Opal is a stunning iridescent natural gemstone made from silica mineral. Unlike its crystalline family members, quartz and agate, opal is non-crystalline, meaning its composition is amorphous silica instead of crystal. What makes opal distinct is its ability to flash fiery colors from the depths of the gemstone. When light hits an opal, the chips of silica inside the gemstone bounce it around and refract it in a vivid display of fiery colors. This is just one of the features that makes opals so popular and in turn, pricey. Did you come here for opal prices and value? Then let’s get straight to the question on everyone’s mind: is Australian Opal expensive?
There are countless attributes that make opals a desirable gemstone for both collectors and jewelry lovers. In this article, we’re focusing specifically on the price of Australian Opal to help you know what to pay as a buyer. To properly address price points, we need to step back and take a broad look at Australian Opal.
Opals exist globally, however the largest supply of opals comes from Australia. In fact, Australian Opals make up a whopping 95% of the international supply of opal gemstones.
What makes Australia the prime nursery for opals? It boils down to the geological conditions of certain regions in Australia. These areas contain rock formations that foster the growth and production of sedimentary opal. Opal thrives in specific locations, where millions of years ago geothermal springs flowed. Slowly over time the minerals deep in the earth made their way to the surface and grew in bedrock cavities to form opal.
If you look at a map of Australia and pinpoint these locations, you’ll quickly realize that opal exists abundantly across the country. From the bush to the Outback, Australia is renowned for its natural and geological wonders. The most prominent locations of opal production exist in Australian Opal fields like Lightning Ridge, Queensland, South Australia, Mintabie and Yowah.
To truly assess the value of Australian Opal is no easy task. That’s because each specimen has a multitude of factors that make it an entirely unique stone. For years, there was no hard and fast way to classify opals into a value system. To this day, prices of Australian Opal will invariably shift depending on the factors that affect the quality of the stone.
Instead, we can look at the variables and features of each stone to get better acquainted with its value. There are precisely 10 factors that influence the price of opal: color, play of color, pattern, body tone, brightness, shape, inclusions (flaws), which opal field it came from, natural or treated and origin. While these variables relate to the physical properties of the stone, there is one outlying factor: supply and demand. When opal supply is low, the prices skyrocket. Conversely, high supply drops the price of Australian Opal.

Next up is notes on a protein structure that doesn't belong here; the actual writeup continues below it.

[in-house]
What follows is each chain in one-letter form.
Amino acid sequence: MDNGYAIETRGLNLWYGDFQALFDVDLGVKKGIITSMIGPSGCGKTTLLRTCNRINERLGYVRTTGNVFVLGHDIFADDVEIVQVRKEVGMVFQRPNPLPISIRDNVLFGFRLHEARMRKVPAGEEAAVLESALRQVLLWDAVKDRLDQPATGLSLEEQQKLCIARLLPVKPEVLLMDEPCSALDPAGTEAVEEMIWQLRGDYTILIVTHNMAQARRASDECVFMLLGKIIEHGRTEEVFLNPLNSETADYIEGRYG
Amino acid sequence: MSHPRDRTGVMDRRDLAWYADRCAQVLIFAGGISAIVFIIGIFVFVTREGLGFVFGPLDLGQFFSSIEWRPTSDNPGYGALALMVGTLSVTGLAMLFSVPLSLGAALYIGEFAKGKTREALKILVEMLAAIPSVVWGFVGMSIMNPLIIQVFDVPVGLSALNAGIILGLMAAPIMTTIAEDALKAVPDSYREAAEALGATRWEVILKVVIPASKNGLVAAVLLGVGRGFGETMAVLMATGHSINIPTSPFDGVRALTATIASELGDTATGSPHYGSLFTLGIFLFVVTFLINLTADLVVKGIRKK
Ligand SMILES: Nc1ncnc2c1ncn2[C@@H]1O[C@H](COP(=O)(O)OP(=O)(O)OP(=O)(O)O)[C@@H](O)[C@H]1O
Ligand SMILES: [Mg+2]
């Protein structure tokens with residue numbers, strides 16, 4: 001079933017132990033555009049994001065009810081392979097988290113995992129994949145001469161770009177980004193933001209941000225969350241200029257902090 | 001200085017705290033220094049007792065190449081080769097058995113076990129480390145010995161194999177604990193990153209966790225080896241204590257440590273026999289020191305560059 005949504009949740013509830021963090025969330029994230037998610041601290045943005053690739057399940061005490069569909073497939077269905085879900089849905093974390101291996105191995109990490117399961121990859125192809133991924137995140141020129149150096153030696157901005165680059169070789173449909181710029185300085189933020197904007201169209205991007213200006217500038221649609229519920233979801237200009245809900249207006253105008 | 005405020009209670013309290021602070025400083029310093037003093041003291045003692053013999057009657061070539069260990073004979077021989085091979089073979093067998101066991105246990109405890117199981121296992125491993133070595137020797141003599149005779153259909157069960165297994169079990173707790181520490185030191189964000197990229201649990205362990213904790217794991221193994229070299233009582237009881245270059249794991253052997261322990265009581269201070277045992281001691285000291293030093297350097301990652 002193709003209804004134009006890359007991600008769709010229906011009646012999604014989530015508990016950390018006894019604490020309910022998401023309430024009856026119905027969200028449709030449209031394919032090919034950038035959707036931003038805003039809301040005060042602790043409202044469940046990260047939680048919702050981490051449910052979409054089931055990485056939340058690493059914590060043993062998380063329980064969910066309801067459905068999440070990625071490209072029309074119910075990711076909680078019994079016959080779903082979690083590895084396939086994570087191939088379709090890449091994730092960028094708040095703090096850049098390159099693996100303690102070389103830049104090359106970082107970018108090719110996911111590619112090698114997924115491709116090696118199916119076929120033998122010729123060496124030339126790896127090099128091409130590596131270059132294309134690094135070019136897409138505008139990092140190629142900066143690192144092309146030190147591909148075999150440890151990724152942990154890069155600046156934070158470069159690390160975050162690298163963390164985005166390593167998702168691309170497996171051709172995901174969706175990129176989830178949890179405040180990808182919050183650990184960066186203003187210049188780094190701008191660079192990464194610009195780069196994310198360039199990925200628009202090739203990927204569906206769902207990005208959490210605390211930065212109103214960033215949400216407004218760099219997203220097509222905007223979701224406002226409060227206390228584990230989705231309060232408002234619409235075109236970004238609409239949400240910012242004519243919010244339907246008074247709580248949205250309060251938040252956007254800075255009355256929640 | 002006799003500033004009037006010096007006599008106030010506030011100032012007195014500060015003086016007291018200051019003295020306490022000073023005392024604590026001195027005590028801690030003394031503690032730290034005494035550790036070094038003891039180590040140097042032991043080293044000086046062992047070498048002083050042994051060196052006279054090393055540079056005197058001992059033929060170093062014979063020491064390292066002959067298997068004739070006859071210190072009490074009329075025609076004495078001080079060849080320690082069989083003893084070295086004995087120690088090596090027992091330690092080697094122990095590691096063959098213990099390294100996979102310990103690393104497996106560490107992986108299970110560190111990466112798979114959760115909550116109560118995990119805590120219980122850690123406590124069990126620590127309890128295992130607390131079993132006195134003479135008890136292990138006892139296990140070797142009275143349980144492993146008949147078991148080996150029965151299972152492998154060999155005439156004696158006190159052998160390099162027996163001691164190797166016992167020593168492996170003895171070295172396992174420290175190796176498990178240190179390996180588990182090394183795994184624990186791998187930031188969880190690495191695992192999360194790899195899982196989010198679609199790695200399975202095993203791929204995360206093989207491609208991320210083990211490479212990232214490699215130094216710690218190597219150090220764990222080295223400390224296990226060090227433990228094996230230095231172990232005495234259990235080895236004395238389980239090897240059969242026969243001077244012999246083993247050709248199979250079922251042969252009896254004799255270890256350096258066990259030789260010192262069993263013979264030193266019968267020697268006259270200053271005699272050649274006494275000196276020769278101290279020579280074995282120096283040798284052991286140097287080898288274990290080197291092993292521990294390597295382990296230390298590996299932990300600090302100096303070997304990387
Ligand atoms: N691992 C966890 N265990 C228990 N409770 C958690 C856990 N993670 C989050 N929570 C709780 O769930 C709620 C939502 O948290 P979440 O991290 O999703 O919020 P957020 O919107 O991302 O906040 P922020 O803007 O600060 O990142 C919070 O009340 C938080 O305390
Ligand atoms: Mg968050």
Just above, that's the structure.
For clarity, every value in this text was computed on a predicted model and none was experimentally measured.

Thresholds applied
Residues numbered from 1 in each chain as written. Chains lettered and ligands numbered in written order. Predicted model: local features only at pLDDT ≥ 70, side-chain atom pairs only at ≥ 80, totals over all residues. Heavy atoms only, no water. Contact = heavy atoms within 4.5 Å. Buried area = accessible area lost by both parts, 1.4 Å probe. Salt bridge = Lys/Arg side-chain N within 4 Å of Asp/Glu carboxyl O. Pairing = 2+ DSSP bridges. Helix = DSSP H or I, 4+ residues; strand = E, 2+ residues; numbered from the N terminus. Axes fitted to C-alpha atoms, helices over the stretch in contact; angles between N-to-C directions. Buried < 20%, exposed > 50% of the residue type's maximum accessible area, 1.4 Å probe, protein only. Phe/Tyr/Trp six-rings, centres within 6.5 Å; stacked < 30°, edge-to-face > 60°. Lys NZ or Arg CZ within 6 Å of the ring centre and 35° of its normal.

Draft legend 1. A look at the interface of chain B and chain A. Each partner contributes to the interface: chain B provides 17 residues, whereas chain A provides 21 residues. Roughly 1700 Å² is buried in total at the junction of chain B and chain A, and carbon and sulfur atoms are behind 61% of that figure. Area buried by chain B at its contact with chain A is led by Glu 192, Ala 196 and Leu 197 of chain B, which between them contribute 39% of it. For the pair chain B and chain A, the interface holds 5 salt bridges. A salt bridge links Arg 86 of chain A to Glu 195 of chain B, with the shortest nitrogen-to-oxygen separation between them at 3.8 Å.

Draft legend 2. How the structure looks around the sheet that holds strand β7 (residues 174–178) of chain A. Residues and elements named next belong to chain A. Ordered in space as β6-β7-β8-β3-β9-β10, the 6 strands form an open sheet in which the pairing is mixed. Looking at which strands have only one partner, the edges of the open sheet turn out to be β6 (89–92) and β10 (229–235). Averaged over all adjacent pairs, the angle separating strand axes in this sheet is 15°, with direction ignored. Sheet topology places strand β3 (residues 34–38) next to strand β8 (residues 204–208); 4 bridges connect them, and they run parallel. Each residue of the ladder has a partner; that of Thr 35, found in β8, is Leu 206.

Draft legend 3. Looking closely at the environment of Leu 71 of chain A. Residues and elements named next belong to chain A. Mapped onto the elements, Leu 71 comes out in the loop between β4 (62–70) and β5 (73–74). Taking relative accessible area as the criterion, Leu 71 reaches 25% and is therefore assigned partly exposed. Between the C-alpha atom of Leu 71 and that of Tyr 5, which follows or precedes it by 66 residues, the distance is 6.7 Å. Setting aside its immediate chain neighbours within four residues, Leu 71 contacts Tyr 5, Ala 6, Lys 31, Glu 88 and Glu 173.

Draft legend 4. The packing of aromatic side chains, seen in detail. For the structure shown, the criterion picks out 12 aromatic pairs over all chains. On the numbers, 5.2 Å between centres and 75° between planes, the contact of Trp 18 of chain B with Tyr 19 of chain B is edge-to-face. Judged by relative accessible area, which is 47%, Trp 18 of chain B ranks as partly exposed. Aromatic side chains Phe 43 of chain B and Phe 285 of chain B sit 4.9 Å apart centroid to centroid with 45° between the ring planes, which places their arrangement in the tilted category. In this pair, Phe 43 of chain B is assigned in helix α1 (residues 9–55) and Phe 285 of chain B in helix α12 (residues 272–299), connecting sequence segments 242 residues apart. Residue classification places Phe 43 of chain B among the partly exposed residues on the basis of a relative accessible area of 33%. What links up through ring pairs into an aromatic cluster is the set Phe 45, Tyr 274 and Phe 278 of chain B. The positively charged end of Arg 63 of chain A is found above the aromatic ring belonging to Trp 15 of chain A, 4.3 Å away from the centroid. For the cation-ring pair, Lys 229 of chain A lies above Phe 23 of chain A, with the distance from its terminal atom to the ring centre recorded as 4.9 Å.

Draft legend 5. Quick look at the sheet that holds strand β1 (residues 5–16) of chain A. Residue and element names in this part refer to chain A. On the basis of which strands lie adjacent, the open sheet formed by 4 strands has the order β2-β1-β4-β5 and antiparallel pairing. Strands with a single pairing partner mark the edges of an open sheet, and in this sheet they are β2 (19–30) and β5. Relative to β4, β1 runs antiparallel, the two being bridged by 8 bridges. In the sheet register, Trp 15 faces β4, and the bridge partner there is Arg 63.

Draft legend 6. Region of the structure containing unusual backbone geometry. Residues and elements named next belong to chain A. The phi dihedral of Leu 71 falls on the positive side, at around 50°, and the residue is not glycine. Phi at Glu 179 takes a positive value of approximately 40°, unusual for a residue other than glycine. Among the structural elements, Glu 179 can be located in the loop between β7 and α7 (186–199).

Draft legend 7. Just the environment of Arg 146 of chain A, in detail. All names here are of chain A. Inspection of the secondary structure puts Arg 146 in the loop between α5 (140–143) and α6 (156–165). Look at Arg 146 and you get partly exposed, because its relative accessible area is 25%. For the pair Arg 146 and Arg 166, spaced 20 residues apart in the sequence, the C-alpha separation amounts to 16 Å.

Even with these factors in play, Australian Opal prices vary depending on where you buy it, how the miner evaluated it and what kind of opal it is. Let’s explore some of the ways Australian Opal is valued and priced.
Australian Opals have a reputation for being the most expensive opals in the world. After all, the most rare uncut opal, the “Fire of Australia,” is valued at a cool $675,000. This opal specimen is about the size of a softball and worth over a half million dollars.
Is Australian opal expensive? Yes. Do you have to pay hundreds of thousands of dollars to own it? No.
Appraising opal gemstones is an artform. Below are some of the most popular Australian Opal options and their relative price points. It’s important to consider that these are not cemented figures, rather estimates based on current market value.
When opal is extracted, miners carry out large rough specimens which are sorted and either sold as opal doublet stones, opalized fossils, rough opal specimens or prepared to be cut into a variety of opal gemstones for jewelry. Once categorized, opals are sold in price per carat, or weight. Because there are so many opal fields in Australia, there really is no singular form of opal. This means that opal costs can vary from about $10 per carat to approximately $6,000 per carat. To hone in on how expensive Australian Opal is, it’s smart to narrow your search by a specific type of opal.
If there’s one thing we know for sure it’s this: not all opals are created equal. Each gemstone is entirely unique from the next. Two highly popular classes of Australian Opal are Black Opal and Fire Opal. How much do they cost?
Australian Black Opal from Lightning Ridge is held in high esteem and serve as the yardstick by which all other opals are measured. Black Opal prices vary from roughly $30 per half carat, up to $1,500 per carat. This is only the .5-1 carat range. High quality Black Opals weighing 5-10 carats can cost up to $50,000.
Fire Opal from Australia ranges from clear to yellow to fiery golden orange. These Australian Opals are valued for their shiny luster and hardness. Compared to Black Opal, Fire Opal is more affordable with price points ranging from $70 per half carat, to $1,000 for 3.5 carats.
The most expensive recorded Australian Opal is the “Olympic Australis,” weighing an astonishing 17,250 carats. Impressive! This massive opal specimen comes from Coober Pedy in South Australia and was valued at $1.7 million USD., making it the most expensive opal in Australian history.
As you can see, there is no concrete formula for valuing Australian opals because each is so unique. To properly answer the question, “is Australian Opal expensive?” requires digging into the specific variables of each and every opal specimen or gemstone. Few gems are as difficult to appraise as opals, which is in large part because few gems are as rare and dynamic as Australian opals.
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